She further notes that an individual from the brand “insisted that Angie should be happy to have her image associated with Vetements and that she would get a lot of jobs because of it.” In reality, however, Sherbourne’s booker says Angie has actually been turned down for many jobs because she is being perceived as “the ‘face’ of Vetements.” Many brands have said she was simply “too Vetements” to appear in their campaigns.
“We haven’t heard from [Vetements] since then,” the booker told TFL. “I believe Demna [Gvasalia] had been talking to Angie directly.” Unfortunately, she says, “We couldn’t do much legally as we didn’t do the booking [her previous agency did] and no contract was signed at all.”
As for Sherbourne, she told TFL that Gvasalia did contact her back in 2015. “Demna called me and told me exactly, ‘We are poor, we don’t have this money. If you take the money that Success is asking for from us, we will never be able to work with you again.’”
“They basically manipulated me and threatened [they would] never book me to work with them ever.”
The question remains: is she really without legal recourse due to the lack of a formally drafted and signed contract dictating the use of the image? Maybe not.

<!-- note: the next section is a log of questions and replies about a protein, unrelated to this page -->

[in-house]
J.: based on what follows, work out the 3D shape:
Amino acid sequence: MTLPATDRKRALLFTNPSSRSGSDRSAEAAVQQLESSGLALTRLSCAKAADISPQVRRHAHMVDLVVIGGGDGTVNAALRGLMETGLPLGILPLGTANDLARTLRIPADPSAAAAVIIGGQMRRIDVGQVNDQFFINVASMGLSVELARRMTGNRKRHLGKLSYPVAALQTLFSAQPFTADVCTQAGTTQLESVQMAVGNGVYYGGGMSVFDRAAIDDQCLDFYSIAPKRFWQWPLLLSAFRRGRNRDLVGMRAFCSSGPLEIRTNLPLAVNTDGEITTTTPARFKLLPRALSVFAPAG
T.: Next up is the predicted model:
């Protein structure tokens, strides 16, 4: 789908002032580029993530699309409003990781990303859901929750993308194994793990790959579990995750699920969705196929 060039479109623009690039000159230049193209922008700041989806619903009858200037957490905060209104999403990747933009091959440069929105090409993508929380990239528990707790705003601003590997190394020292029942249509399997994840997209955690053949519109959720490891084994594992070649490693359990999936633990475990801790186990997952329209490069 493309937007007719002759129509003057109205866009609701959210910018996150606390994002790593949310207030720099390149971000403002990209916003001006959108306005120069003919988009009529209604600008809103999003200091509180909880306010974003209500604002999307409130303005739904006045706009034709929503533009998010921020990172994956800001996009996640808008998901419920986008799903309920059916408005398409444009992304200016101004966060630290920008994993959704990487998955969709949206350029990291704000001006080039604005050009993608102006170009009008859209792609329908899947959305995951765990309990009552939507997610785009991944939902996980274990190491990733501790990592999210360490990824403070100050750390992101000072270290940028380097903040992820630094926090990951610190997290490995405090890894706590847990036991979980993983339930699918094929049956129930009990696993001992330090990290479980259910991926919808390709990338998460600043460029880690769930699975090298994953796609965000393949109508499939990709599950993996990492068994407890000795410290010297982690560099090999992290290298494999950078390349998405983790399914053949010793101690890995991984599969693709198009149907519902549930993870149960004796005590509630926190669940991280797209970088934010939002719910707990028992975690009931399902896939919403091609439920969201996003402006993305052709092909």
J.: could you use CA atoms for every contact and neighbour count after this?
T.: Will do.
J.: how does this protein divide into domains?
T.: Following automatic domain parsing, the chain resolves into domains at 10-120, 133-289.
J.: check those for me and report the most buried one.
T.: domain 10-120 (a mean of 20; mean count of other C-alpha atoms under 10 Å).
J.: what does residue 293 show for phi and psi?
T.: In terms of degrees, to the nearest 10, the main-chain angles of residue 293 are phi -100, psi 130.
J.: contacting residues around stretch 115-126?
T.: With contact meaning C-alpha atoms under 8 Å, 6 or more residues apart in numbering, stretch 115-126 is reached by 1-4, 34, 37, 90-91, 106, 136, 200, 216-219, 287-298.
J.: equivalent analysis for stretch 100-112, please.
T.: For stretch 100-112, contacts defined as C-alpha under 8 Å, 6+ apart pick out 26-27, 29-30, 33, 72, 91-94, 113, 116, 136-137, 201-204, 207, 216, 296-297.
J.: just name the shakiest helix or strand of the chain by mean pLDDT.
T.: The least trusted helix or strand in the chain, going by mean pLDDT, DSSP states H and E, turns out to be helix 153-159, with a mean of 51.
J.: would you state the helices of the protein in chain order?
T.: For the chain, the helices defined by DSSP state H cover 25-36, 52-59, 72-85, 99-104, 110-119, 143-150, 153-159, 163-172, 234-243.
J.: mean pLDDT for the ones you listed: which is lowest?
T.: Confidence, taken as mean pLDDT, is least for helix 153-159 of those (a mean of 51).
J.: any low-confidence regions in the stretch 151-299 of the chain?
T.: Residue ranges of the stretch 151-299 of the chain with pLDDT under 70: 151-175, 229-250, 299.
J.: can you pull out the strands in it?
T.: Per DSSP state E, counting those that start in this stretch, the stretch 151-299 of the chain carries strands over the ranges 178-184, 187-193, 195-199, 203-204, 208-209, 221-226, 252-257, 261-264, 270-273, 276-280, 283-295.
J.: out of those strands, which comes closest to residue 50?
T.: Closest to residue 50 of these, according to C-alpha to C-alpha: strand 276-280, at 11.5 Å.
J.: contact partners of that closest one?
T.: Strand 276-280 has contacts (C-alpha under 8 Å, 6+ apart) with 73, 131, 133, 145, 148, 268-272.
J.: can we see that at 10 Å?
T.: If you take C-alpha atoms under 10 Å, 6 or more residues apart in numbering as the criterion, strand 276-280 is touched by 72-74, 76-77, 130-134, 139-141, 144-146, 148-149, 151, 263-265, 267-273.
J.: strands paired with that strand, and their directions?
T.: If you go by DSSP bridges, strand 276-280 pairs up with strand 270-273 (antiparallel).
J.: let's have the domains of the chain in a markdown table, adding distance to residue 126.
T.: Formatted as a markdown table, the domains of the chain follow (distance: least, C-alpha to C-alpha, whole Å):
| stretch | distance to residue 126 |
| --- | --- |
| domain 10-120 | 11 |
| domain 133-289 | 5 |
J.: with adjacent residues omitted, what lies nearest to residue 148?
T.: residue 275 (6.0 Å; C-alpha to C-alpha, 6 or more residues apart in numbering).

There is a chance that Sherborne – who says that at the time of publication, she was still learning about even more stores where her image has been displayed – could establish that there is a verbal contract at play and Vetements breached it. To be exact, Sherborne might be able to argue that by accepting $1,000 and posing for the photo on the premise that Vetements would only use the image for a single-season lookbook and not as part of a larger campaign, she entered into a verbal contract with the brand under French law (which would almost certainly govern the transaction, as that is where the contract was created) as to the scope of usage of her image.
In France, all that is needed to create a contract — i.e. an agreement by which one or more persons obliges to give, to do or not to do something — is the good faith offer and acceptance by which the parties agree to be bound (and that each party entering into the contract has the legal capacity to do so). Contracts generally need not be put in writing (even if that is the practically preferable format). In other words, oral contracts are, for the most part, deemed to be valid and binding in accordance with the French Civil Code, just as they are in the U.S., subject to certain exceptions and limitations, of course.
While Sherbourne has made no mention of initiating litigation, there is a chance that she could pursue Vetements for running afoul of the scope of the contract and seek damages, including any unjust enrichment that Vetements brought in as a result of such allegedly unauthorized use.
Vetements did not respond to multiple requests for comment.